The Supreme Court agreed Monday to decide a major privacy rights case about whether police must get a warrant to obtain historical cellphone records to track someone’s location and movements.
The case centers on the increasingly detailed information that companies keep on texts and calls to and from a cellphone, as well as the relatively precise location that can be gleaned from that information.
The question is whether cellphone users can expect that data to remain private and subject to the Fourth Amendment’s protection from unreasonable searches and seizures.
In this case, investigators did not need a warrant to obtain more than five months of cellphone location information on Michigan robbery suspect Timothy Carpenter. Instead, they used a federal law ( PL 99-508 ) that governs digital business records. To get a warrant for the information, investigators would have had to establish probable cause, a more difficult standard to meet.
The American Civil Liberties Union, which represents Carpenter, said in a statement that the records in this case demonstrate how location data “can reveal extraordinarily private details about people’s lives, from where they sleep to where they pray.”
“For example, the location data showed that in the early afternoon on a number of Sundays, Carpenter made or received calls from the cell tower sectors nearest to his church,” the ACLU statement said. “His cell phone records do not routinely show him in that area on other days of the week, implying that he was worshipping at those times.”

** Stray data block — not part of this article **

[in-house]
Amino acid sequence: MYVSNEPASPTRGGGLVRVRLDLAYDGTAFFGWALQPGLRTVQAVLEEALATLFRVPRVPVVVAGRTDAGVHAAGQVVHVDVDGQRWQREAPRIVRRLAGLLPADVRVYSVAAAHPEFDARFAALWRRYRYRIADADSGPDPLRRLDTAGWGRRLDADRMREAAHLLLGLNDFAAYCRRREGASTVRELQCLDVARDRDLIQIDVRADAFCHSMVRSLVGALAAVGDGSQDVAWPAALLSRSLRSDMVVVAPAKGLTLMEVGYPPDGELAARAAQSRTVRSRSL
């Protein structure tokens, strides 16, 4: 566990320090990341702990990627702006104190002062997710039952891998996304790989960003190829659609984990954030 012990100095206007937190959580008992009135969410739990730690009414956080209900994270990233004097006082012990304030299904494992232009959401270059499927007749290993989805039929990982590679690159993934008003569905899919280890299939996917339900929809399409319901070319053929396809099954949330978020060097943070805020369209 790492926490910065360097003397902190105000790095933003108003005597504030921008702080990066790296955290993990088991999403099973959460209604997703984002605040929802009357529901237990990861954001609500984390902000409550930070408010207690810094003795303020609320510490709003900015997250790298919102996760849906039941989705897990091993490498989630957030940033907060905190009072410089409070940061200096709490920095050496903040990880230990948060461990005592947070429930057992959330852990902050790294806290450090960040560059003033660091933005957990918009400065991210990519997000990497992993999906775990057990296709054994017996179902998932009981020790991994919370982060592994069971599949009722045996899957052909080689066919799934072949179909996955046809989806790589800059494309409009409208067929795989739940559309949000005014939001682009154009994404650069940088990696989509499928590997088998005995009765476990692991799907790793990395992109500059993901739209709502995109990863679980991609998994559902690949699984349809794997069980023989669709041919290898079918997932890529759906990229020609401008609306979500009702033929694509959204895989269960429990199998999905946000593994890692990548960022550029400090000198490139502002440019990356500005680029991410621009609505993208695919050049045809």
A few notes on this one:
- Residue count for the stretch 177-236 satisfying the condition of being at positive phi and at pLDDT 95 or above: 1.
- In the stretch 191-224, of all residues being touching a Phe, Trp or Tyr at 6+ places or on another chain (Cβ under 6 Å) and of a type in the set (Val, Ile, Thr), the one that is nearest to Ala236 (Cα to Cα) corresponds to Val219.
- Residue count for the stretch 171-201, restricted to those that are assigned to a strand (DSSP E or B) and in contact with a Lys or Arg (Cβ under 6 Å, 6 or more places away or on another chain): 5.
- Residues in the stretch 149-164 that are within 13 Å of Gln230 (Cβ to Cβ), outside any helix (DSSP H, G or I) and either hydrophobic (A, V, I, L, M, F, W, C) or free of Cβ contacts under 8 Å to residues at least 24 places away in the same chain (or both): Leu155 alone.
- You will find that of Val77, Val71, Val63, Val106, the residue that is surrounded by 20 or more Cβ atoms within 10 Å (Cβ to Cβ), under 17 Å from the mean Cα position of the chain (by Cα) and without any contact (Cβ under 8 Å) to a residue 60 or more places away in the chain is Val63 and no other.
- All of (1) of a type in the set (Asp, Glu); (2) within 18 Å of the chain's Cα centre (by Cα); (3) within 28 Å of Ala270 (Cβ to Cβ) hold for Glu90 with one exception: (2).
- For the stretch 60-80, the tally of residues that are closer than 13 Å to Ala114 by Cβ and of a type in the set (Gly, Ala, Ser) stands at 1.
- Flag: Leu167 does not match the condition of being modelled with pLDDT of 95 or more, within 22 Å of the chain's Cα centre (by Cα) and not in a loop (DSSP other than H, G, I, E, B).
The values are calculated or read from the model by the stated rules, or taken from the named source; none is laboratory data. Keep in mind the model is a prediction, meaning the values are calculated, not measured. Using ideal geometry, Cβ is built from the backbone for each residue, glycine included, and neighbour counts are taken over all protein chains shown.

The U.S. Court of Appeals for the 6th Circuit in April sided with the investigators, and found cellphone users have no reasonable expectation of privacy in cellphone location records held by mobile service providers. Investigators sought business records about routing information of communications maintained by the service provider, the appeals court decided, and people knowingly expose that information to the mobile company.
But one 6th Circuit judge wrote in that decision that “the sheer quantity of sensitive information procured without a warrant” raised Fourth Amendment concerns.
The government had urged the Supreme Court not to review the case, arguing that the procedure used by investigators in the case is constitutional.
Police seek these kinds of cellphone location records tens of thousands of times each year, the ACLU said.
“Because cellphone location records can reveal countless private details of our lives, police should only be able to access them by getting a warrant based on probable cause,” said Nathan Freed Wessler, a staff attorney with the ACLU Speech, Privacy, and Technology Project.
The case is Timothy Carpenter v. United States, Docket No. 16-402.